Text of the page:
For investors, the risks are twofold. The first is that economies will dip back into recession and that more companies will default on their bond issues, forcing investors to suffer write-downs on their holdings. The credit risk of corporate bonds is reflected in the excess interest rate, or spread, they offer over government bonds. At the moment this spread is lower than it was at the start of the year and lower than its five-year average. But it is still well above the levels of 2005 and 2006, when the credit bubble was inflating.



There are some modest signs that companies may be struggling in the face of a sluggish economy. Standard & Poor’s, a ratings agency, has recorded 64 corporate defaults this year, compared with 35 at the same stage of 2011. Over the past 12 months the default rate on global high-yield bonds has been 2.7%, with the American default rate being slightly higher at 3%. But both numbers are well below the long-term average default rate of 4.5%, indicating that spreads are not particularly low given the fundamentals. They are much lower in Japan, where ultra-low returns on cash and government bonds have been a feature of the landscape for a decade.



The second risk facing bond investors is that the economy rebounds sharply. Central banks might start to increase short-term interest rates, prompting government-bond yields to soar and corporate-bond yields to rise (and prices fall) in tandem. One of the worst years for bond investors was 1994, when the Federal Reserve suddenly started to tighten policy after years in which it had held rates low to help the financial system recover from the savings-and-loan crisis.



For the moment, however, the global economy looks fairly sluggish; forecasts for GDP growth are being revised down rather than up. Central banks in the developed world may yet be forced into further policy easing. As a result, it is hard to see an increase in official rates in the near future. The Fed has indicated that it will keep rates low until 2015. Any rise in government-bond yields might well be met by a further round of quantitative easing to drive yields back down again.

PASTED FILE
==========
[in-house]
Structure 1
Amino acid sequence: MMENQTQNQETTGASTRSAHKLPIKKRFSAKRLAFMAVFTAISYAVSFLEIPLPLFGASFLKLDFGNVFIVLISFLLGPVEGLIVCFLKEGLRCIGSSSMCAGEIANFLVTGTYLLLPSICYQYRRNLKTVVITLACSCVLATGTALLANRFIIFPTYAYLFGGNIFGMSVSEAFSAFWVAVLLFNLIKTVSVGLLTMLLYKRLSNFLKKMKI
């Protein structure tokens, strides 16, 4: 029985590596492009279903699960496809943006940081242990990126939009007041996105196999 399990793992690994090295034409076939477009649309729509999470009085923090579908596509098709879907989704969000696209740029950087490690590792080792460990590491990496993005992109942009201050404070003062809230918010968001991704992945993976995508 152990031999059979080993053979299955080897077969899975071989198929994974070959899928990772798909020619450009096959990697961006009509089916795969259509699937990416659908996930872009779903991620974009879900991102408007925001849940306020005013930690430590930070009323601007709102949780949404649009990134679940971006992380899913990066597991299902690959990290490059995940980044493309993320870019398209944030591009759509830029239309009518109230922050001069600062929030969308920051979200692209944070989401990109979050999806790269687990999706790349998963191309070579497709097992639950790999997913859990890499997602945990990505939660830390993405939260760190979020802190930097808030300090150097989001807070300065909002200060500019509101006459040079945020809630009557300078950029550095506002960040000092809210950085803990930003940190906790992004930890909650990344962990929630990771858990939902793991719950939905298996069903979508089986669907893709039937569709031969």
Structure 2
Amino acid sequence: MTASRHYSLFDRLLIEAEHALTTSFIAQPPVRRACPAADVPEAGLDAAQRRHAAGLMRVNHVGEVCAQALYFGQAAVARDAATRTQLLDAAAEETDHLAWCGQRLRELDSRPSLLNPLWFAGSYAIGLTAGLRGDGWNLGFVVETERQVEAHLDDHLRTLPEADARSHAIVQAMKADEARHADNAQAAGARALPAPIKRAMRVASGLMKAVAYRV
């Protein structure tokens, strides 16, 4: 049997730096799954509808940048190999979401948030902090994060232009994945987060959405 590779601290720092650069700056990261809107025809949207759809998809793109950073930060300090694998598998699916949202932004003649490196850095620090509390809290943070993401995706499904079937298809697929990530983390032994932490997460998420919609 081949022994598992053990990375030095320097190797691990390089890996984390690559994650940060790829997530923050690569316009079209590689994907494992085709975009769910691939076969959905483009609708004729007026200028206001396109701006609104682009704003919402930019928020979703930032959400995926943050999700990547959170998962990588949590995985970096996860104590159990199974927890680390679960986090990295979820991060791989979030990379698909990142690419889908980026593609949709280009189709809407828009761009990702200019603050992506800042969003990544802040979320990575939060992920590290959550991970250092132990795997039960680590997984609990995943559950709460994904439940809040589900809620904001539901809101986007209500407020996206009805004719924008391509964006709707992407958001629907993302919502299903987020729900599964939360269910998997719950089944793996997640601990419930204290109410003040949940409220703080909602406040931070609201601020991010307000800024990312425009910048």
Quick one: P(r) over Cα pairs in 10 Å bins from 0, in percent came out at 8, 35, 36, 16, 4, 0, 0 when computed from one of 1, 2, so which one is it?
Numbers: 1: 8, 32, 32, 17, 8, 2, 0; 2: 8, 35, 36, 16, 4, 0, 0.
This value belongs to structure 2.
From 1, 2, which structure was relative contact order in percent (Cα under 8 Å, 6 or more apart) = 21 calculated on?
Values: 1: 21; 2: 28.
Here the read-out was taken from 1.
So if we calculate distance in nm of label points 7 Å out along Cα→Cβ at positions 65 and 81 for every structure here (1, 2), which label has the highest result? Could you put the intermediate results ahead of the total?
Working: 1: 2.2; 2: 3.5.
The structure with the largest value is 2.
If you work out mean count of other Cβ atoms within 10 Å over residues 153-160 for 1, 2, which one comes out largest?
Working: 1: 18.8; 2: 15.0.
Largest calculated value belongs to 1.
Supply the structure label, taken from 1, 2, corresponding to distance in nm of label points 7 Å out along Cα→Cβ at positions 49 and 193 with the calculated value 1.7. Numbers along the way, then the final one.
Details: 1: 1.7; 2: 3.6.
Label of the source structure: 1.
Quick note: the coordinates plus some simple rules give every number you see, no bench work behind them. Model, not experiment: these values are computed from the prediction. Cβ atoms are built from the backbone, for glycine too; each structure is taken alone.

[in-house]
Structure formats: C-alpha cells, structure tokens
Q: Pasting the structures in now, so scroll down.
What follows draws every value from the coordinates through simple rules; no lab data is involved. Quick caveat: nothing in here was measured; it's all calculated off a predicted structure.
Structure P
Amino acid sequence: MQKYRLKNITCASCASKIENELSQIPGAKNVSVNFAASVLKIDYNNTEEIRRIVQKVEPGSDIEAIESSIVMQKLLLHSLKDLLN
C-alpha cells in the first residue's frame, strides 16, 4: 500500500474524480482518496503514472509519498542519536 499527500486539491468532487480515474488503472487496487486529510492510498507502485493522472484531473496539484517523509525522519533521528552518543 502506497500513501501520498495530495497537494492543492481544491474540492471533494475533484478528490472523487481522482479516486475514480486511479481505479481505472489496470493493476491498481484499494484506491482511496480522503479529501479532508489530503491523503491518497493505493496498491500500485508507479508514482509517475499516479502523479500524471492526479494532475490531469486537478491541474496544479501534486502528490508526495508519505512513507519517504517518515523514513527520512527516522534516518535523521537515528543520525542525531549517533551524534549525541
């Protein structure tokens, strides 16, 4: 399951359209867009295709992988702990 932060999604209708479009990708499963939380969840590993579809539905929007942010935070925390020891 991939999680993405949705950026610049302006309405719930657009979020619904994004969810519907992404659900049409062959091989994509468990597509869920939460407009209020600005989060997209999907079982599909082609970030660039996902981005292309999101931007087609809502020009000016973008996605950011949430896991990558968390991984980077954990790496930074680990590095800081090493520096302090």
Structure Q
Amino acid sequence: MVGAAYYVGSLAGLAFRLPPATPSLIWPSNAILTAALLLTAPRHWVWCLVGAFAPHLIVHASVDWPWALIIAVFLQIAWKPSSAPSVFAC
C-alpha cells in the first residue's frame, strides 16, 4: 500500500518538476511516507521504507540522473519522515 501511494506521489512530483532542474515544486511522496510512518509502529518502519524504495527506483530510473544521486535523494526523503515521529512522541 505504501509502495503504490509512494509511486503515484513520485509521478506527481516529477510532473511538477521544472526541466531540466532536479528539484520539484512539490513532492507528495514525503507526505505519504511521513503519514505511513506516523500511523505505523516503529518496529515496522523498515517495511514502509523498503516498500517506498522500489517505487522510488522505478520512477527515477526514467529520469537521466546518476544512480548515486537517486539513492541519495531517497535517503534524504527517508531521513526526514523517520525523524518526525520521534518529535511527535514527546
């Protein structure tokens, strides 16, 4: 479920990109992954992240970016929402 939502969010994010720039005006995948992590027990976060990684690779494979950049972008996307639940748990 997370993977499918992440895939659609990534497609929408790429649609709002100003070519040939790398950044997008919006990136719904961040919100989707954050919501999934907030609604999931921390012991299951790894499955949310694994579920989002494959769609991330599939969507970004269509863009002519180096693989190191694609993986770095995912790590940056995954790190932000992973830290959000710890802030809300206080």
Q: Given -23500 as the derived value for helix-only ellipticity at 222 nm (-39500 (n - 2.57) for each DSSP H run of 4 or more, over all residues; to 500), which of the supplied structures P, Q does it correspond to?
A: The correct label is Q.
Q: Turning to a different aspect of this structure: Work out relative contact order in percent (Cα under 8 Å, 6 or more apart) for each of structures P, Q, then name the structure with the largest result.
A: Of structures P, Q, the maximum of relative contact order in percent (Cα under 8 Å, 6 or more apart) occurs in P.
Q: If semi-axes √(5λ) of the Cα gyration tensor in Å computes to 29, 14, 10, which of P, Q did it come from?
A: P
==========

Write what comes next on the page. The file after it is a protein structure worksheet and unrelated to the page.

Most investors who are buying corporate bonds need the income right now. They may well feel they can worry about the prospect of monetary tightening in 2015 much nearer that date. Of course, that creates its own risks. When the market does turn everyone will want to head for the exit at once, as was the case with mortgage-related bonds in 2007. That might turn a retreat into a rout.
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Of the two big risks, then, the credit risk associated with an economic downturn looks the greater danger in the short term. But it is not great enough yet to deter investors—which means the menace from interest-rate risk will only grow.



Asian economies
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Asia’s great moderation
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Some of the world’s stablest economies are Asian. Time to worry?
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Nov 10th 2012
HONG KONG
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LAOS, a poor country of 6m people wedged between Vietnam and Thailand, has no openings to the sea and few routes to world attention. But it is now enjoying a rare moment in the sun. Last month it won approval to join the World Trade Organisation. This week it hosted the ninth Asia-Europe meeting, which brings together leaders from the world’s most and least dynamic regions.
 


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Its small economy, which exports gold, copper and hydropower, is distinguishing itself. Its growth rate is not only one of the fastest in the world but also one of the steadiest.
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From 2002 to 2011 growth fluctuated within a remarkably narrow range, never falling below 6.2% and never rising above 8.7%. Only three countries have recorded a steadier growth rate (as measured by its standard deviation) over that period. Two of them are also Asian: Indonesia and Bangladesh. Growth in developing Asia is now steadier, as well as faster, than growth in the “matureeconomies of the G7 (see chart 1). It was more stable in 2002-11 than over any other ten-year span since 1988-97.




The “Great Moderation” is the name given to the era of economic tranquillity that prevailed in America and elsewhere in the rich world before the financial crisis. Should the label now be applied to Asia?




Asia’s economies are better known for their speed than their stability. From 1996 to 1998, for example, growth in five big South-East Asian countries (Indonesia, Malaysia, the Philippines, Thailand and Vietnam) swung from 7.5% to minus 8.3% as the Asian financial crisis struck. Even now some highly open economies, such as Thailand, Singapore and Taiwan, remain more volatile than the global average. Exposed to international trade flows, their industrial output fluctuates like a twirling ribbon with every twitch of demand.